Answer: There are many signs that the adventure was reality. When Quaid watched the news (before going to Rekall), the newscasters asked Cohaagen about Kuato and alien artifacts (the alien reactor) in the Mars Pyramid Mine. Lori didn't want Quaid going to Mars or thinking about Mars. Harry didn't want Quaid to go to Rekall, as he sounded very intense when he said this to Quaid. The Rekall technicians popped Quaid's memory cap before they could implant his ego trip. Richter and Helm were watching Quaid the whole time and his trip to Rekall made them attempt to kill him before he could remember the alien reactor and his previous identity. Edgemar lied when he said Quaid's "dream" started in the middle of the implant procedure when Dr. Lull had told McClane they hadn't implanted the ego trip yet. Edgemar shouldn't have been sweating if it was a dream. Richter, Helm, Lori, Edgemar, and Benny were all trying to help Cohaagen keep his evil power and prevent Mars from having free air.

This isn't true. The DVD commentary states that if the viewer is believing that the story is a dream, then it begins right where the camera cuts to McClane and his female client watching the TV monitor. The bit where Quaid resists and Renata says she hasn't implanted the ego trip yet are part of the dream. The clue is that McClane's statement is "the trip is as real as any memory in your head." So for it to come across as real, it has to begin right there and then.

If Lori is really Quaid's wife, it seems strange that he would dream of her trying to kill him. When Richter and Helm are trying to kill Quaid, several people get killed in the crossfire. When Edgemar and Lori visit Quaid, Lori gives Edgemar a look right before he takes out the red pill, almost as if Lori is signaling Edgemar to do that. They are awfully eager for Quaid to take that pill, and the film's novelization states that the pill could possibly be a knockout dose or lethal. If Edgemar is a projection, he should not be sweating, which makes Quaid realise Edgemar is real. Those four agents who blast through the wall were back there listening to the conversation and waiting to see if Edgemar's plan with the pill would work. Richter and Helm were downstairs in the bar waiting to hear from Lori and Edgemar that they captured Quaid. If Edgemar was telling the truth, why would Richter and Helm be down in the bar waiting? Also, the novel points more toward reality.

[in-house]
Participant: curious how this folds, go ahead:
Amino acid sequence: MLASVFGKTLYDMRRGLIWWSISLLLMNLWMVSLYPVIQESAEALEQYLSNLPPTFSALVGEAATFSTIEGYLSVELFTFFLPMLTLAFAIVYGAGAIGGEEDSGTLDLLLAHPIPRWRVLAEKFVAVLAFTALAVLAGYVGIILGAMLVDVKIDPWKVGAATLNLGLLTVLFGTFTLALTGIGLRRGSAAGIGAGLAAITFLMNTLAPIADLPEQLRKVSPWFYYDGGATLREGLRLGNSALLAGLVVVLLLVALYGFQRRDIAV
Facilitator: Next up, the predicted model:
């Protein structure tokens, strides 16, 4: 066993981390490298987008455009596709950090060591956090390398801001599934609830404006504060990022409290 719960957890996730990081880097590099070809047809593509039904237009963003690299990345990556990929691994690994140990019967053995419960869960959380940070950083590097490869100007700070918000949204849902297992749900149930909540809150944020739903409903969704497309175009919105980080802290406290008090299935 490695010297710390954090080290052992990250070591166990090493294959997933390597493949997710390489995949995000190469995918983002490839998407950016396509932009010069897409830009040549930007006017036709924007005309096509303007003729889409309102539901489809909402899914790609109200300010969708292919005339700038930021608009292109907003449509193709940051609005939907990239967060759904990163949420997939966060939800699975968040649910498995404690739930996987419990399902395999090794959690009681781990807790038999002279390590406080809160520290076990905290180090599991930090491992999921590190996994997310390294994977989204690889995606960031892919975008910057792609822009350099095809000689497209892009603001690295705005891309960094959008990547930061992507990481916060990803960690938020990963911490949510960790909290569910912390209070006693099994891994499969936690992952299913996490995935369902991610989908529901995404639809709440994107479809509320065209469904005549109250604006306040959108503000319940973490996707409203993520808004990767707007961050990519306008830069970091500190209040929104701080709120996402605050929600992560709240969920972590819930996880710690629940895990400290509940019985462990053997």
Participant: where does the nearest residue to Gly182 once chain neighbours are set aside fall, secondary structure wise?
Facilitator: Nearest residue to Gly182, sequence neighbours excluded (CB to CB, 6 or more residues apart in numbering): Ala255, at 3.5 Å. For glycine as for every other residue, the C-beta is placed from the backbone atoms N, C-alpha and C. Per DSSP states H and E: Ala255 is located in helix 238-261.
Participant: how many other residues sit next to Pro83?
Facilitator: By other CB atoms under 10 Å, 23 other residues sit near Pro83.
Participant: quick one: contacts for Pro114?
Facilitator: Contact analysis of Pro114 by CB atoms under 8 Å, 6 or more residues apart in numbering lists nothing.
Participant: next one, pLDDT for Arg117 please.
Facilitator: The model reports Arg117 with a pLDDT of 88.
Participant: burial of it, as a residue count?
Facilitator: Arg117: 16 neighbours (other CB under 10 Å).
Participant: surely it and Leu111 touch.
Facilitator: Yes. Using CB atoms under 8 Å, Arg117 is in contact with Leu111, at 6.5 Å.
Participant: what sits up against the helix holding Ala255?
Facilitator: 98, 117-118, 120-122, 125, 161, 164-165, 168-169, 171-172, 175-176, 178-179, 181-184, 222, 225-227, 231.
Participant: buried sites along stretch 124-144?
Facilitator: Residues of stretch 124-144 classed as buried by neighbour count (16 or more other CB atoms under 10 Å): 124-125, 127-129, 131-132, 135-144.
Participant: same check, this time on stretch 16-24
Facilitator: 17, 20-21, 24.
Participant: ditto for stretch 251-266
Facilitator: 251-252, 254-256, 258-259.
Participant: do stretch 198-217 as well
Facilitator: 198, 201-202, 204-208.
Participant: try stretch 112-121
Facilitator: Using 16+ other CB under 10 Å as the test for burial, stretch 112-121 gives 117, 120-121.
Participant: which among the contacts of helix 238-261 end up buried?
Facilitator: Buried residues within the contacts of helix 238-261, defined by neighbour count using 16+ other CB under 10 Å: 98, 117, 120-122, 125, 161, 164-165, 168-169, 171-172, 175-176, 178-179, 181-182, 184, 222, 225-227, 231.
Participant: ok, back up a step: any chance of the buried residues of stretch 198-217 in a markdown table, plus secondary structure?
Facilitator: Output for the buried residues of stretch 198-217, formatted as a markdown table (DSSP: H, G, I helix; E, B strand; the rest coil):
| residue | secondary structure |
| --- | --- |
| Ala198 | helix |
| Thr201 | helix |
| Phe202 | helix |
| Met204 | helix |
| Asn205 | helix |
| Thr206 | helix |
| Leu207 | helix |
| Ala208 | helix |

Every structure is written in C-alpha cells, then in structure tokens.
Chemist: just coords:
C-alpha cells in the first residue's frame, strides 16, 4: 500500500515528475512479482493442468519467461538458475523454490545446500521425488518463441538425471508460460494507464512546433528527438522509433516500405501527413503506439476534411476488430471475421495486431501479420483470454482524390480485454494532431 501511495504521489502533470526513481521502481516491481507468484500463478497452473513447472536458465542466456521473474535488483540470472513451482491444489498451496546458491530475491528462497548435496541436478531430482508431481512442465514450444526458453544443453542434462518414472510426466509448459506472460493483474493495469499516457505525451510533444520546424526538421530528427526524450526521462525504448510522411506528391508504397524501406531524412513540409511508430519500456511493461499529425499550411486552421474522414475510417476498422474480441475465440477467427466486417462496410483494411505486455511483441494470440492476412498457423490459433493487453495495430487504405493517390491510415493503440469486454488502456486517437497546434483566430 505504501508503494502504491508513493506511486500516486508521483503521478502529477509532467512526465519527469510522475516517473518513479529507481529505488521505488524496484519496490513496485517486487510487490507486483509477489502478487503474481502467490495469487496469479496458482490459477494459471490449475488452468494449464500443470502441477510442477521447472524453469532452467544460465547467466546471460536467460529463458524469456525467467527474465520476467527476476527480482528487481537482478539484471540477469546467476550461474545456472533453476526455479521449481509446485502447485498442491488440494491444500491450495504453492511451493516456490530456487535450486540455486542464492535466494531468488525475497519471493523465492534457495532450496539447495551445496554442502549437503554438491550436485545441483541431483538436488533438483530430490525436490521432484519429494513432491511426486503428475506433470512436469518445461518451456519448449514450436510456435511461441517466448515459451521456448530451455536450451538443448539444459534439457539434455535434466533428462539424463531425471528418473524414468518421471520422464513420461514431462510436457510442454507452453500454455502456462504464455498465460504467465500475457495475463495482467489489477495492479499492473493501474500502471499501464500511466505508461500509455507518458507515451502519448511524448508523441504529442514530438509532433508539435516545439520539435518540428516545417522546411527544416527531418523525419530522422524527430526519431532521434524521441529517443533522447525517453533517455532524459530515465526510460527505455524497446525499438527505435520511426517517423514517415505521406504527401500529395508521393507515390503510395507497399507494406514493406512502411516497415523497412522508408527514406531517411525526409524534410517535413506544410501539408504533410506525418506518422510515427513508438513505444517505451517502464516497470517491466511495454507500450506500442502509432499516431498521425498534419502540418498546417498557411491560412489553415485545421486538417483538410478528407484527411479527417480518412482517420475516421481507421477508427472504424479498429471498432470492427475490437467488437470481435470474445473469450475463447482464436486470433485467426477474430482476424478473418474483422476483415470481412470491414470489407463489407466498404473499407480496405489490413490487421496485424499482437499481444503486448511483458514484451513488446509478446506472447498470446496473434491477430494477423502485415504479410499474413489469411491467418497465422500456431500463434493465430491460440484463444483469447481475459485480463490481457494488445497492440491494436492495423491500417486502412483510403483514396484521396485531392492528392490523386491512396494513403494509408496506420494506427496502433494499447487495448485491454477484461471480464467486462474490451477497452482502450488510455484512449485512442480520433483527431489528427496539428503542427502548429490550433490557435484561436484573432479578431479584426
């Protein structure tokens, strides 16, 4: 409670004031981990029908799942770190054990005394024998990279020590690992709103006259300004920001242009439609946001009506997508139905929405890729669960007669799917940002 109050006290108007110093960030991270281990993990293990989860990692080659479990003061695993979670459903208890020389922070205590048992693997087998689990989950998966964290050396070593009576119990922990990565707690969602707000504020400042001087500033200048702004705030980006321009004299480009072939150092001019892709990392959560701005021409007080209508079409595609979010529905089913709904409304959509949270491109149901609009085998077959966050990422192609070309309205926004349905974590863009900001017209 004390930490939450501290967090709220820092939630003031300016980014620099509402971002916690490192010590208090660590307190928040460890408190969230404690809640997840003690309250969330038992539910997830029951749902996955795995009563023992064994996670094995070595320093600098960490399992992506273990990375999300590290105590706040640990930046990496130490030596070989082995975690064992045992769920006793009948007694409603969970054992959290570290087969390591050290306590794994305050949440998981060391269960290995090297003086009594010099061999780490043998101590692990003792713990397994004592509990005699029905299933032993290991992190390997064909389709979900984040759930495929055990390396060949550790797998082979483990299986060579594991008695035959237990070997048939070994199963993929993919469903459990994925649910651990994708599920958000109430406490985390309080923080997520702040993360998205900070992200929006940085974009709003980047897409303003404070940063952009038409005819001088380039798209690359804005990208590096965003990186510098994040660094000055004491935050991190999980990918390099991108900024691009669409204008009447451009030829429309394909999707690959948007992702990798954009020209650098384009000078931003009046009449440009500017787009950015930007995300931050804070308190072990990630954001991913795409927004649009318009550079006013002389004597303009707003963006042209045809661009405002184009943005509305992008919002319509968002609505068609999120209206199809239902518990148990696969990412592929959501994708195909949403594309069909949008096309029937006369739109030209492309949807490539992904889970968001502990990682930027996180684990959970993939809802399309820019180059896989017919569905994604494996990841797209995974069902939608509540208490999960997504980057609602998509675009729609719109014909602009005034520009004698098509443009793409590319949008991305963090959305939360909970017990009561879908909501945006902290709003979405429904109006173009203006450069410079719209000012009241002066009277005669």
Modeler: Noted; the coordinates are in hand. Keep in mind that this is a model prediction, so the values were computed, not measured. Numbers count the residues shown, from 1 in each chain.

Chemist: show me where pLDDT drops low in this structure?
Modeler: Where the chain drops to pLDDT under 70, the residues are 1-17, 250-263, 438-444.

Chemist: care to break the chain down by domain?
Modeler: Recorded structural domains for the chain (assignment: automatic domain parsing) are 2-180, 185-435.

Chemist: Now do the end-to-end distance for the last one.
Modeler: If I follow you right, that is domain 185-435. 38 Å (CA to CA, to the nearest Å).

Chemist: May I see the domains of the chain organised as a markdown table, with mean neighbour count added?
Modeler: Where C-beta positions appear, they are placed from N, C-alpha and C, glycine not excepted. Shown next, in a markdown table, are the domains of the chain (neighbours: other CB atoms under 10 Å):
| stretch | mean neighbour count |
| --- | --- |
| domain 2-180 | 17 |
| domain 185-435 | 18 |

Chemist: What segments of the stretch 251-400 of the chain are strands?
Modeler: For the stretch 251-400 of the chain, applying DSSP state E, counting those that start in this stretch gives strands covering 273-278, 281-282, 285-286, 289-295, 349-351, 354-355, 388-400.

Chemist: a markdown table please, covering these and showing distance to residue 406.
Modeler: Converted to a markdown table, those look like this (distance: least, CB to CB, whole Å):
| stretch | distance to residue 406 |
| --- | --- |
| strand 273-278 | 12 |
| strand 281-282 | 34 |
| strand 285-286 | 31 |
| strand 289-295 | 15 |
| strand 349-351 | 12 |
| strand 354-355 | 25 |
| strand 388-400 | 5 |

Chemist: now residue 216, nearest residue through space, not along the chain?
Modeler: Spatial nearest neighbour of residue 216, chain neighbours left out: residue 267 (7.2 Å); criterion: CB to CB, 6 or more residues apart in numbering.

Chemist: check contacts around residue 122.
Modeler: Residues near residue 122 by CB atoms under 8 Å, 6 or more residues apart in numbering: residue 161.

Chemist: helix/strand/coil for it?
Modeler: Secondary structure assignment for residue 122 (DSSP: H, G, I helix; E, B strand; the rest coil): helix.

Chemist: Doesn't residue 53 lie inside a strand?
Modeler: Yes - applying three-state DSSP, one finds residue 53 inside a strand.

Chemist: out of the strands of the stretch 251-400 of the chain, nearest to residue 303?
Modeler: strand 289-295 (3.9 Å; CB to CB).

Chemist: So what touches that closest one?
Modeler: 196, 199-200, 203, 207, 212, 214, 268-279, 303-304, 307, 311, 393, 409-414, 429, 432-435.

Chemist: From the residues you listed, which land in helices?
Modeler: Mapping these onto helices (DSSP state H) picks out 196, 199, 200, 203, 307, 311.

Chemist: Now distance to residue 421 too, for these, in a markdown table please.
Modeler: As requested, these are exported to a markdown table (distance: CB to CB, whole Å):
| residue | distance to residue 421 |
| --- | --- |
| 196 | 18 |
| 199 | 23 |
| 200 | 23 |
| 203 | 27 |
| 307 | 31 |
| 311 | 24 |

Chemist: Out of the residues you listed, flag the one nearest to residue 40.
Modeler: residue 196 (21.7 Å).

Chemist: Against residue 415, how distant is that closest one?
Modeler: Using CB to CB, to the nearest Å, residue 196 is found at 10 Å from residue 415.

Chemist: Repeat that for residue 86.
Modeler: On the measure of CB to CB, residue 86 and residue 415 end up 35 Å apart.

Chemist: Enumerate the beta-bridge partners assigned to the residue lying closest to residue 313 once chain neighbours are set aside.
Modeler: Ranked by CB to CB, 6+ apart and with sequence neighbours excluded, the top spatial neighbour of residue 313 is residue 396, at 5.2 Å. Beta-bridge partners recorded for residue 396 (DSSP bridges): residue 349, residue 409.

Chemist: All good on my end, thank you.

You are forgetting to assume the dream shows him stuff that didn't actually happen, like innocents being killed in crossfire. If it is all a dream it all doesn't matter, he is being fed lies by the implants, about his wife, about Cohaagen, about everything, the fact it connects to real events before he went to Recall (which don't show the truth at all) just shows the ingenuity of the implants, who use his memories to create the story. Edgemar sweating could be another illusion caused by the implants. If it really is all a dream the moment he killed Edgemar the implants screwed his brain up enough there was no way of knowing what was real anymore, and his wife is sitting besides him at Recall crying that he isn't going to wake up anymore, whilst Quaid is experiencing killing her in his dream. This then goes on for him until the end it lobotomizes him. That is, if you believe it was a dream.

lionhead

There is a villains site called Villains Wiki. Edgemar is listed on this site along with Cohaagen, Richter, Helm, Lori, Harry, and Benny. The article about Edgemar states that Quaid realises Edgemar is working for Cohaagen when he sees him sweating. It also states that Edgemar's goal is to aid Cohaagen in his plans. Also mentioned is the fact that Richter is Lori's real husband and is angered when Quaid kills her the same way he kills Edgemar.

Answer: The "dream" is when Quaid thinks Lori is his wife. Lori is really Richter's wife. The dreams Quaid had of Melina were visions reminding him of his past life.

Answer: Edgemar's red pill may have been a knockout dose so Richter, Helm, and Lori could take Quaid to Cohaagen. The red pill could also have possibly been poison, like cyanide. The pill wouldn't have returned Quaid to reality because he was still in reality.

More questions & answers from Total Recall